But even though the man- a pale skinned mustachioed man with a long forehead and perennially worried looking eyes, kept muttering the same thing over and over again, none of the others asked him to stop. Indeed, they barely showed any sign of having heard him speaking. For they knew only too well that Murugan was something of a paranoid, and with good reasons too.
About a dozen years back, one of the lions in a zoo broke out of its cage. Murugan was among the ones who was brought there for aid. He was mere meters away from the lion when it shred to pieces a child- a 4 year old with glimmer in his eyes who was looking at Murugan, hopeful about a rescue, even as the lion proceeded to chew on his neck.
That incident unhinged Murugan. And no one was surprised about it.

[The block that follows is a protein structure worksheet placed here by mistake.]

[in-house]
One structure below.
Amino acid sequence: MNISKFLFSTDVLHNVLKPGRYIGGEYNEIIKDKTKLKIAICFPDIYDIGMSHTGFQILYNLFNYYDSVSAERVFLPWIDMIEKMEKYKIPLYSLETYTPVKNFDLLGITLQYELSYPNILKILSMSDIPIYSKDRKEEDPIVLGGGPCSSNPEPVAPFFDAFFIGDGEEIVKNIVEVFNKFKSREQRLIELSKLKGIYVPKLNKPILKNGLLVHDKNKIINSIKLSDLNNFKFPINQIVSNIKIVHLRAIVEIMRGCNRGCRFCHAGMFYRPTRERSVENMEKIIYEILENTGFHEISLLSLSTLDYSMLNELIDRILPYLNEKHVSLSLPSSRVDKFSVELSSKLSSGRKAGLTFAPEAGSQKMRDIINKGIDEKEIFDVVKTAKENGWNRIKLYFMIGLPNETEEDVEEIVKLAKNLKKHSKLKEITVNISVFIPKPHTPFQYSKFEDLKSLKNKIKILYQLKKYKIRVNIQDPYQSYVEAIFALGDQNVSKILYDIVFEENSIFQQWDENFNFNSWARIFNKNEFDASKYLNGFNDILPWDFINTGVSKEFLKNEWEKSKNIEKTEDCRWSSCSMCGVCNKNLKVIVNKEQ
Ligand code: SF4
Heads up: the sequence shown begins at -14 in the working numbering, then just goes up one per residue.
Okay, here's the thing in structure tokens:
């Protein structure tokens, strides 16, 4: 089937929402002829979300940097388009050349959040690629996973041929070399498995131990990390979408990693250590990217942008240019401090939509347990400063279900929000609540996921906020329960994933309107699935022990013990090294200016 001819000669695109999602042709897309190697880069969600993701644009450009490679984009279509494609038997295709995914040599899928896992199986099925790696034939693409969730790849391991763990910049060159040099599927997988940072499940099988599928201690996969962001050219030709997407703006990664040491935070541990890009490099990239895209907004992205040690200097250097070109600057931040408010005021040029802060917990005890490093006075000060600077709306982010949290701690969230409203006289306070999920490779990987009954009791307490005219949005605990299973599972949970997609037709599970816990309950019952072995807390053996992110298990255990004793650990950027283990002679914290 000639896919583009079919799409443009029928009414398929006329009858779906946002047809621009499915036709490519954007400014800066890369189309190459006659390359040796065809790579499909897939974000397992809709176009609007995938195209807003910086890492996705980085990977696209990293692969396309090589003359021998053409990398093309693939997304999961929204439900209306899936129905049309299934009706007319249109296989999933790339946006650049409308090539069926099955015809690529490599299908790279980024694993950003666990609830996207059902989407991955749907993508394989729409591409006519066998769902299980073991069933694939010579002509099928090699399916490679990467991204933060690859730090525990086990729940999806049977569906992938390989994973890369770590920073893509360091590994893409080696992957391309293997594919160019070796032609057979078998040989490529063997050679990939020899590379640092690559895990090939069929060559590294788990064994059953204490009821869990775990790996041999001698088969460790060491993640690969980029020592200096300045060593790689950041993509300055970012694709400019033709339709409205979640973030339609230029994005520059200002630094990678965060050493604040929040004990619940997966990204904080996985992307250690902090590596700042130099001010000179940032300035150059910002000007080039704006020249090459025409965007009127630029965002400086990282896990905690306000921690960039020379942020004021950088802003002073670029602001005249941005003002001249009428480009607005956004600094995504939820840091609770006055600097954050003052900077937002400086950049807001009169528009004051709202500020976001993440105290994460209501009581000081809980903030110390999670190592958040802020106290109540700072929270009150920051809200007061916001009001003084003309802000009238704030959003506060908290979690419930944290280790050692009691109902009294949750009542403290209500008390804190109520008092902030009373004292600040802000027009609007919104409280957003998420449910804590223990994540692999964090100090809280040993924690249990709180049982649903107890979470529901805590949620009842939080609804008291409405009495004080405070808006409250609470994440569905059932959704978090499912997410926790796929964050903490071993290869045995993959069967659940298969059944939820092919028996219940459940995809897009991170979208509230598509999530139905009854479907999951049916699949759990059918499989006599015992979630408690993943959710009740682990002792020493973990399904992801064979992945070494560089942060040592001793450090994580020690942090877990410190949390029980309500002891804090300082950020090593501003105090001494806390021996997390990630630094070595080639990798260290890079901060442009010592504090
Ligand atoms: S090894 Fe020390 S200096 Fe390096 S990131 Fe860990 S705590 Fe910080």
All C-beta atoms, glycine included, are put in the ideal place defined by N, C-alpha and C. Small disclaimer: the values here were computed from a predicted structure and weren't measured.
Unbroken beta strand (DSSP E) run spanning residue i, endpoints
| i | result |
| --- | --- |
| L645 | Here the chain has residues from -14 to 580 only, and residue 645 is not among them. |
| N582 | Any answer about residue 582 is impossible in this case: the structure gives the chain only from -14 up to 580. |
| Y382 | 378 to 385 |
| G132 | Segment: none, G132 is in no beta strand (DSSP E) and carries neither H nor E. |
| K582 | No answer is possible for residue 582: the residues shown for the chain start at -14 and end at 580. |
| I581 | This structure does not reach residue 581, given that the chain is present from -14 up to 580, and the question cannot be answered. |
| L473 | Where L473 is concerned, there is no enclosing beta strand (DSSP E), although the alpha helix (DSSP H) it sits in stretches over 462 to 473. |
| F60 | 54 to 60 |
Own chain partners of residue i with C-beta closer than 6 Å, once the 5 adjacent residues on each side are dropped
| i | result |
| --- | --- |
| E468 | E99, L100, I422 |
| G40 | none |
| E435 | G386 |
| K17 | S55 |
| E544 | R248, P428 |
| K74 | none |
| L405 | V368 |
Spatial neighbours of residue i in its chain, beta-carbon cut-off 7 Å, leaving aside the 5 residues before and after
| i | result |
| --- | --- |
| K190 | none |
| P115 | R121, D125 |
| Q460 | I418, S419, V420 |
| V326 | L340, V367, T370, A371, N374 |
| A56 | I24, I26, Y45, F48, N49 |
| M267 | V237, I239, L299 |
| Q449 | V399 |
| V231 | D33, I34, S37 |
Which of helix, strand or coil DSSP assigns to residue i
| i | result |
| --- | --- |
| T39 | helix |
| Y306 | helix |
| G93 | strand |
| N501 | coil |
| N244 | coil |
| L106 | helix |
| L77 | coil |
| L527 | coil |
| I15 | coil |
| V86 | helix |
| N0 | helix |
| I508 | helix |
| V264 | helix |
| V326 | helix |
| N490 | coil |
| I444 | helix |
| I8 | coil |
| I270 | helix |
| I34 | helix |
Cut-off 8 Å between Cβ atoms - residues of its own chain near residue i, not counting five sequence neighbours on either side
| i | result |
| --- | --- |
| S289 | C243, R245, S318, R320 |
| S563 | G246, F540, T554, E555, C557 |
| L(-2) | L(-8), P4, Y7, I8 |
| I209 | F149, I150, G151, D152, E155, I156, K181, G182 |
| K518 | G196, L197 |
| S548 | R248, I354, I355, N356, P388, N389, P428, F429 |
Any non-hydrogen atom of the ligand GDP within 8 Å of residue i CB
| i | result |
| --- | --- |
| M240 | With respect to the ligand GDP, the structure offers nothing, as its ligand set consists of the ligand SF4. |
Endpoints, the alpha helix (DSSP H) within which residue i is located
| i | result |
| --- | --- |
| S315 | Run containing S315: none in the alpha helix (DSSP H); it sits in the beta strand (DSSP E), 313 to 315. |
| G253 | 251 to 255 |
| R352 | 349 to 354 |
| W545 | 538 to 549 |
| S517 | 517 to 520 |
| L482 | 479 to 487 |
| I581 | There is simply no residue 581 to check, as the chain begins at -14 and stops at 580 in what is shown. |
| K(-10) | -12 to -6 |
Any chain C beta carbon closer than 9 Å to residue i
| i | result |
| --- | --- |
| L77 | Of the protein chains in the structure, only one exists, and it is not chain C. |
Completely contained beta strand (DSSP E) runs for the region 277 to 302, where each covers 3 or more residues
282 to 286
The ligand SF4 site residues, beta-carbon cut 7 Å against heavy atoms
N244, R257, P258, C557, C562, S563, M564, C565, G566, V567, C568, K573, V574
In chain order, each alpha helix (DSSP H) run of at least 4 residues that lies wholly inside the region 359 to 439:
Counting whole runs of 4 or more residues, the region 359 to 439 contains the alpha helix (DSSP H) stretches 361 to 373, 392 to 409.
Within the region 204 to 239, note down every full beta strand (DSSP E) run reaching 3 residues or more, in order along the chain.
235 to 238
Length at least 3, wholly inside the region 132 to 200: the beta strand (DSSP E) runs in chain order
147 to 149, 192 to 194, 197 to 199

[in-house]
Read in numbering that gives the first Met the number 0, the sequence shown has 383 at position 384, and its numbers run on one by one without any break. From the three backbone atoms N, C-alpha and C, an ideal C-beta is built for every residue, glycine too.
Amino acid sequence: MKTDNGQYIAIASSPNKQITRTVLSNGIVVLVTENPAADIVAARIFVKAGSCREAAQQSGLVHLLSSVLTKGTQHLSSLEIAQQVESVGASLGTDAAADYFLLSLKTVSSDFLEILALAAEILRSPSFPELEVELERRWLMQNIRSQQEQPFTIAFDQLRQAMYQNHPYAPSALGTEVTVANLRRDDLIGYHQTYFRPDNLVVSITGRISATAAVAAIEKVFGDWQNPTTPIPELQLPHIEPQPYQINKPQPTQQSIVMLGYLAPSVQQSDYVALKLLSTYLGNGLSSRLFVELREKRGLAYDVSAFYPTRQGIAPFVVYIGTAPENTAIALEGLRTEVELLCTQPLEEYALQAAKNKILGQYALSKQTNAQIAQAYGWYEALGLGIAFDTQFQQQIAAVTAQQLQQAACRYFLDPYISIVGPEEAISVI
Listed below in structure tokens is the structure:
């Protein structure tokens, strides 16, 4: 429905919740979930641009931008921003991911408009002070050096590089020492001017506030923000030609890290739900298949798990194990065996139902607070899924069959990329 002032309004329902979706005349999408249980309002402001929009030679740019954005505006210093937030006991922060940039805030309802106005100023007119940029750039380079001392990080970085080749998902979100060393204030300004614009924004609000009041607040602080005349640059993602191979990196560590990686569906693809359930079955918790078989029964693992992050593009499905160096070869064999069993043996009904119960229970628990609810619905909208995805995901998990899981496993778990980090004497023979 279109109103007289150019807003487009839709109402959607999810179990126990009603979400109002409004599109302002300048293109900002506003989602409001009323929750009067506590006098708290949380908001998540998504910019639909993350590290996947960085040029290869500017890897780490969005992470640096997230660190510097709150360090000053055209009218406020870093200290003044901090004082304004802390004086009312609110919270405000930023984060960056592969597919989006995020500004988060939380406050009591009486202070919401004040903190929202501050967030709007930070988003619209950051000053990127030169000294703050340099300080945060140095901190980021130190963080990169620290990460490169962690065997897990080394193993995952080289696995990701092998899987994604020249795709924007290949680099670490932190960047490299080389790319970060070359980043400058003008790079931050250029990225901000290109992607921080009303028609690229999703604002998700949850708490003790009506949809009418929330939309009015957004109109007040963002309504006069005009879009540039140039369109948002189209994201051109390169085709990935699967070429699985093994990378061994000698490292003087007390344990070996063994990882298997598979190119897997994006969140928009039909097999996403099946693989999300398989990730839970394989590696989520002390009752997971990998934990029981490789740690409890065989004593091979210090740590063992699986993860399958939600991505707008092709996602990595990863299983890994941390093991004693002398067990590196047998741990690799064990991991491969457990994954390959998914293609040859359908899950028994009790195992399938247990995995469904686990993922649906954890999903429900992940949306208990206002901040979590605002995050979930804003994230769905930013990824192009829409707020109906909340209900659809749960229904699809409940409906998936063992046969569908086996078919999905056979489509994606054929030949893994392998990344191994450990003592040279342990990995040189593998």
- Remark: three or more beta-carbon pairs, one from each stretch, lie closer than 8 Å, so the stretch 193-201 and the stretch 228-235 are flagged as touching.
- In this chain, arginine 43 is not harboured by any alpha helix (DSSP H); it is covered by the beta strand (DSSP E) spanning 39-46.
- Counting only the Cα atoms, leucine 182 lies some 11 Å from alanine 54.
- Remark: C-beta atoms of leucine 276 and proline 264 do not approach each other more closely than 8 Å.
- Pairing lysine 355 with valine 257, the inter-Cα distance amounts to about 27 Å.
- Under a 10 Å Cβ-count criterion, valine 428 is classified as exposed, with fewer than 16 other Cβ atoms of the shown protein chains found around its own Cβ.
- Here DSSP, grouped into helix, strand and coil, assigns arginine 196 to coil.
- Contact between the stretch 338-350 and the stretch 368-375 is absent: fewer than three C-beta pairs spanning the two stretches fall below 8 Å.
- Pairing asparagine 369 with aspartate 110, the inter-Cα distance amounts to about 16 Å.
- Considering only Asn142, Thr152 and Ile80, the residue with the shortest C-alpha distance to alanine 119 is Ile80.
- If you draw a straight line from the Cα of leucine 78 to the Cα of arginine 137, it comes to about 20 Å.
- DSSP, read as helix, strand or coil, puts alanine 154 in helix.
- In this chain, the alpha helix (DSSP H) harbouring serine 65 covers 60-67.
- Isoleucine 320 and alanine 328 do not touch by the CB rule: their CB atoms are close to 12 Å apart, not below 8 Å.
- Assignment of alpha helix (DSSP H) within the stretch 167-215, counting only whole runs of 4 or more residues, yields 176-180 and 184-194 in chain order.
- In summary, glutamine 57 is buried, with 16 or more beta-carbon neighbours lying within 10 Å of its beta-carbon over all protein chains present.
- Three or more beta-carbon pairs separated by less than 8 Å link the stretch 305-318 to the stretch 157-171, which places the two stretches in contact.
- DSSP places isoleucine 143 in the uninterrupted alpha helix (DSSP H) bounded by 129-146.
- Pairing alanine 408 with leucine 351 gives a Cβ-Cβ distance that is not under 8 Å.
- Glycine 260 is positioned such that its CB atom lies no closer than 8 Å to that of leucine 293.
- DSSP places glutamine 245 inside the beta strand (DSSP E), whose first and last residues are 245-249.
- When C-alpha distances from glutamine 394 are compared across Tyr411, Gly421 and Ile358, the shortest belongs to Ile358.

Thankfully, for Murugan and everyone else involved, the leopard hadn’t killed anyone by the time they reached the station. And people have assisted the three injured, taking them to the hospital. The station master- a man with superior presence of mind(and who was also an alcoholic-which is irrelevant to this story) has evacuated everyone from the station premises, including the ticket collector cum communications officer who was the only other official in the railway station.
Seeing that the casualties were zero, Murugan breathed a sigh of relief. Feeling his muscles relaxing, he moved cautiously towards the footbridge where the beast was walking up and down as thought it were already caught in a cage.
Hearing the sound of approaching footsteps, it looked up, and saw Murugan slowly moving towards it.
Seeing the stick-like object in the man’s hand pointed in his direction, the leopard whimpered.
After the leopard was taken away by the authorities, almost an hour passed before anyone came to the railway station. And the first person to arrive was one of the men who was there earlier for the train, when the leopard was first sighted.